Battling with Life’s Many Addictions

We are hearing a lot about addictions these days. It used to be a word that applied to drug or alcohol dependency, but has now been expanded so that we hear of people being addicted to food, to love, to expectations, to clothes, money, exercise, and the list goes on. Some “addictions” are seen as positive, and others are seen as dysfunctional.

The problem with generalizing the usage of a word like this is that it can be very disempowering. Addiction implies a situation over which we have no conscious control. When we call a habit an addiction, we are saying that there is little we can do about it: we are controlled by the habit.

Let’s look at some concrete examples. Consider smoking, overeating or high cholesterol levels. These are all factors which influence health directly, and ultimately, lifespan. Many individuals, upon recognizing the threat to their wellbeing, make a decision to quit smoking, lose weight, or lower cholesterol levels. They then proceed either on their own, or with outside help, to follow through on this decision, and often the change is permanent.

For others though, changing unhealthy habits can be a lifelong struggle. They may say that they’ve tried, and just can’t seem to change. Perhaps they feel that their addiction is too strong, or that they just don’t have enough willpower. They may try for a while, quit smoking for a few months, lose 10 pounds, cut out some high cholesterol foods, but then gradually drift back into the old habits. This confirms for them that they don’t have enough willpower, and that the addiction is stronger than they are.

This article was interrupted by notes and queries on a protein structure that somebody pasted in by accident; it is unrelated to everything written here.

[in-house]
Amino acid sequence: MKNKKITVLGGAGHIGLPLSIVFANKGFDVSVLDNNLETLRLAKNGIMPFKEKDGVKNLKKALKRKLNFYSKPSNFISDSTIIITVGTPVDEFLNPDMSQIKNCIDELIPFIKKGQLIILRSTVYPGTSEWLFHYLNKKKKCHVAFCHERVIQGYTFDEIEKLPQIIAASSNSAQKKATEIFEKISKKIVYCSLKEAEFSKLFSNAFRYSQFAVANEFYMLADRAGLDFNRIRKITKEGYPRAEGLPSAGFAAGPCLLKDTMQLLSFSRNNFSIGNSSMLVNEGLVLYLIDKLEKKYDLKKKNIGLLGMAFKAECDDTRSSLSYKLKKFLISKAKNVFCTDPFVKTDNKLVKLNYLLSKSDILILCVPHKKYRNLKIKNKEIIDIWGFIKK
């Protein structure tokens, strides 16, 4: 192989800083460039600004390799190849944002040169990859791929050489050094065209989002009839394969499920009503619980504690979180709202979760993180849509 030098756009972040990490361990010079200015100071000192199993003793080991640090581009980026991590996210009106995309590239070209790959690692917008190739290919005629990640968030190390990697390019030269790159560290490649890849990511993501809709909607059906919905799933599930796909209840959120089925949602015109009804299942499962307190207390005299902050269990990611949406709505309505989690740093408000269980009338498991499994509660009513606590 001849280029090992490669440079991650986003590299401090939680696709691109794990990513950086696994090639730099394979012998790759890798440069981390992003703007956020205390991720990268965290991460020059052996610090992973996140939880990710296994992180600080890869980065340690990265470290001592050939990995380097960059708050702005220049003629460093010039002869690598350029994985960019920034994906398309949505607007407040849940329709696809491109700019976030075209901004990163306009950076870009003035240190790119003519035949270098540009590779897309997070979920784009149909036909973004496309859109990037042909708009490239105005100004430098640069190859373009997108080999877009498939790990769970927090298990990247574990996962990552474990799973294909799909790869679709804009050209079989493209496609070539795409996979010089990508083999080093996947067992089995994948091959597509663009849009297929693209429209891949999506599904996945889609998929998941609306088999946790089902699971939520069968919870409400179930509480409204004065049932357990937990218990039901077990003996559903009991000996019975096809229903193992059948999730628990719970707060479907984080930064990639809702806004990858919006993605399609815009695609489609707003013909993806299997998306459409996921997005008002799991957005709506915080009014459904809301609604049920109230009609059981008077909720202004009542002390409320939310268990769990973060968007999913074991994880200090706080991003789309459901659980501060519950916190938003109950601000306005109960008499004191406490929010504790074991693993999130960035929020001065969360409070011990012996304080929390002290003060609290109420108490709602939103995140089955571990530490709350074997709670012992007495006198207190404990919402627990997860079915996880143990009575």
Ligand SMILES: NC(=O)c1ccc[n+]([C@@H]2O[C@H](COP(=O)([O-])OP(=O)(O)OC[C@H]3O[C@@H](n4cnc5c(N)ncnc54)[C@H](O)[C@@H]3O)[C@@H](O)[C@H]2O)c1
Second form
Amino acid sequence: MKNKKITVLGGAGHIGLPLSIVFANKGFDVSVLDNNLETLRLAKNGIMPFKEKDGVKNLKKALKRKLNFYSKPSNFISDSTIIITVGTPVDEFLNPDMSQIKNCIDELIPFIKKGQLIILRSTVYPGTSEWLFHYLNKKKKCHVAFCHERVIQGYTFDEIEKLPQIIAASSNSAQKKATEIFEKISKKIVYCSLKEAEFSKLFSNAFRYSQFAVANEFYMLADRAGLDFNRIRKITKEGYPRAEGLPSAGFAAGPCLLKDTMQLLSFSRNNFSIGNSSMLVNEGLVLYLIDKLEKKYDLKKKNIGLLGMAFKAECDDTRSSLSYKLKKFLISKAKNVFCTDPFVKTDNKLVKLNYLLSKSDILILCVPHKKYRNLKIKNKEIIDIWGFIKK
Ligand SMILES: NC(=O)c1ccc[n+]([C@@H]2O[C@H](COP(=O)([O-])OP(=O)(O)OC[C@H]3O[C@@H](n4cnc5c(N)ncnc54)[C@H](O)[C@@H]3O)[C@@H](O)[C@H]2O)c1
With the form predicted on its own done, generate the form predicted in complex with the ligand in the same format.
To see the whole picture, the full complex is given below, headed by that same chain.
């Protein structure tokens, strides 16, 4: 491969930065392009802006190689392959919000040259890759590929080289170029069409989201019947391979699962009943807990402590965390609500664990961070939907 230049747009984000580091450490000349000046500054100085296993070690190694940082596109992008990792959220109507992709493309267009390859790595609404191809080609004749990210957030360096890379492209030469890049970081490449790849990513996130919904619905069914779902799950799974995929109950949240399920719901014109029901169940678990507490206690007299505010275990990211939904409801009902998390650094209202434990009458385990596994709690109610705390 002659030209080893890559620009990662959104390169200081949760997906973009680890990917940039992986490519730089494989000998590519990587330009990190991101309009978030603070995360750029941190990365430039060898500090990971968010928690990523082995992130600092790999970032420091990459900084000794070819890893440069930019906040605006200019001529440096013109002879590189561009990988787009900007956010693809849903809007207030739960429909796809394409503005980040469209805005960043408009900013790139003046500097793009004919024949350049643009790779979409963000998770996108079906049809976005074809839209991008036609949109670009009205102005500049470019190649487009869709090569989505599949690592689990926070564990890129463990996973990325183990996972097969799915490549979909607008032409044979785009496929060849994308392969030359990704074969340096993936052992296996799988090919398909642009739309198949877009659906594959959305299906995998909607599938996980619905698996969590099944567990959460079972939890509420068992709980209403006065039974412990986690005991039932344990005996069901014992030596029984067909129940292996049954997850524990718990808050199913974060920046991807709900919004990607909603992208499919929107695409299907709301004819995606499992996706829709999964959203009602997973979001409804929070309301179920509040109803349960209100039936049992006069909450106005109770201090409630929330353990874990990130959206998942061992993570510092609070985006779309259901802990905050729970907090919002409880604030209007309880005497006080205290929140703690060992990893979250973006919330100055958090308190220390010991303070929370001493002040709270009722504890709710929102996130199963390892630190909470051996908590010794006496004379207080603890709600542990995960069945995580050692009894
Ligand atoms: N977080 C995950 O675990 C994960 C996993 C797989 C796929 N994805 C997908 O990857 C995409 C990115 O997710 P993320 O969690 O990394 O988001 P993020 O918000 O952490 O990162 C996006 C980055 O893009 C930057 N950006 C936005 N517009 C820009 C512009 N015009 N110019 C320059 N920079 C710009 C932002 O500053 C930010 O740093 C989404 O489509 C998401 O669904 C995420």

This kind of thinking, however, is a way of avoiding responsibility for one’s own health. And ultimately it may cover up the fact that the person does not really want to give up old habits. On a deeper level it may reflect anxiety and insecurity about life. One might prefer immediate short-term pleasure that is certain, over caring for oneself in ways that might contribute to a longer life, which may not be so certain.

Our life expectancy now is longer than ever before, so it makes sense to opt for vibrant good health. If this is the choice we make on a very deep, life affirming level, then ALL of our habits begin to shift in that direction. This is what empowers our will. So let’s change the way we understand willpower. You can have as much of it as you want when you stop saying “I can’t” and start saying “I will”. When you put all of your power behind your will, you can accomplish just about anything. And no short-term pleasure can match the long term rewards of feeling energetic and fit at any age.

Gwen Randall-Young is an author and award-winning psychologist. For permission to reprint this article, or to obtain books, CDs or MP3s, visit Follow Gwen on Facebook for daily inspiration.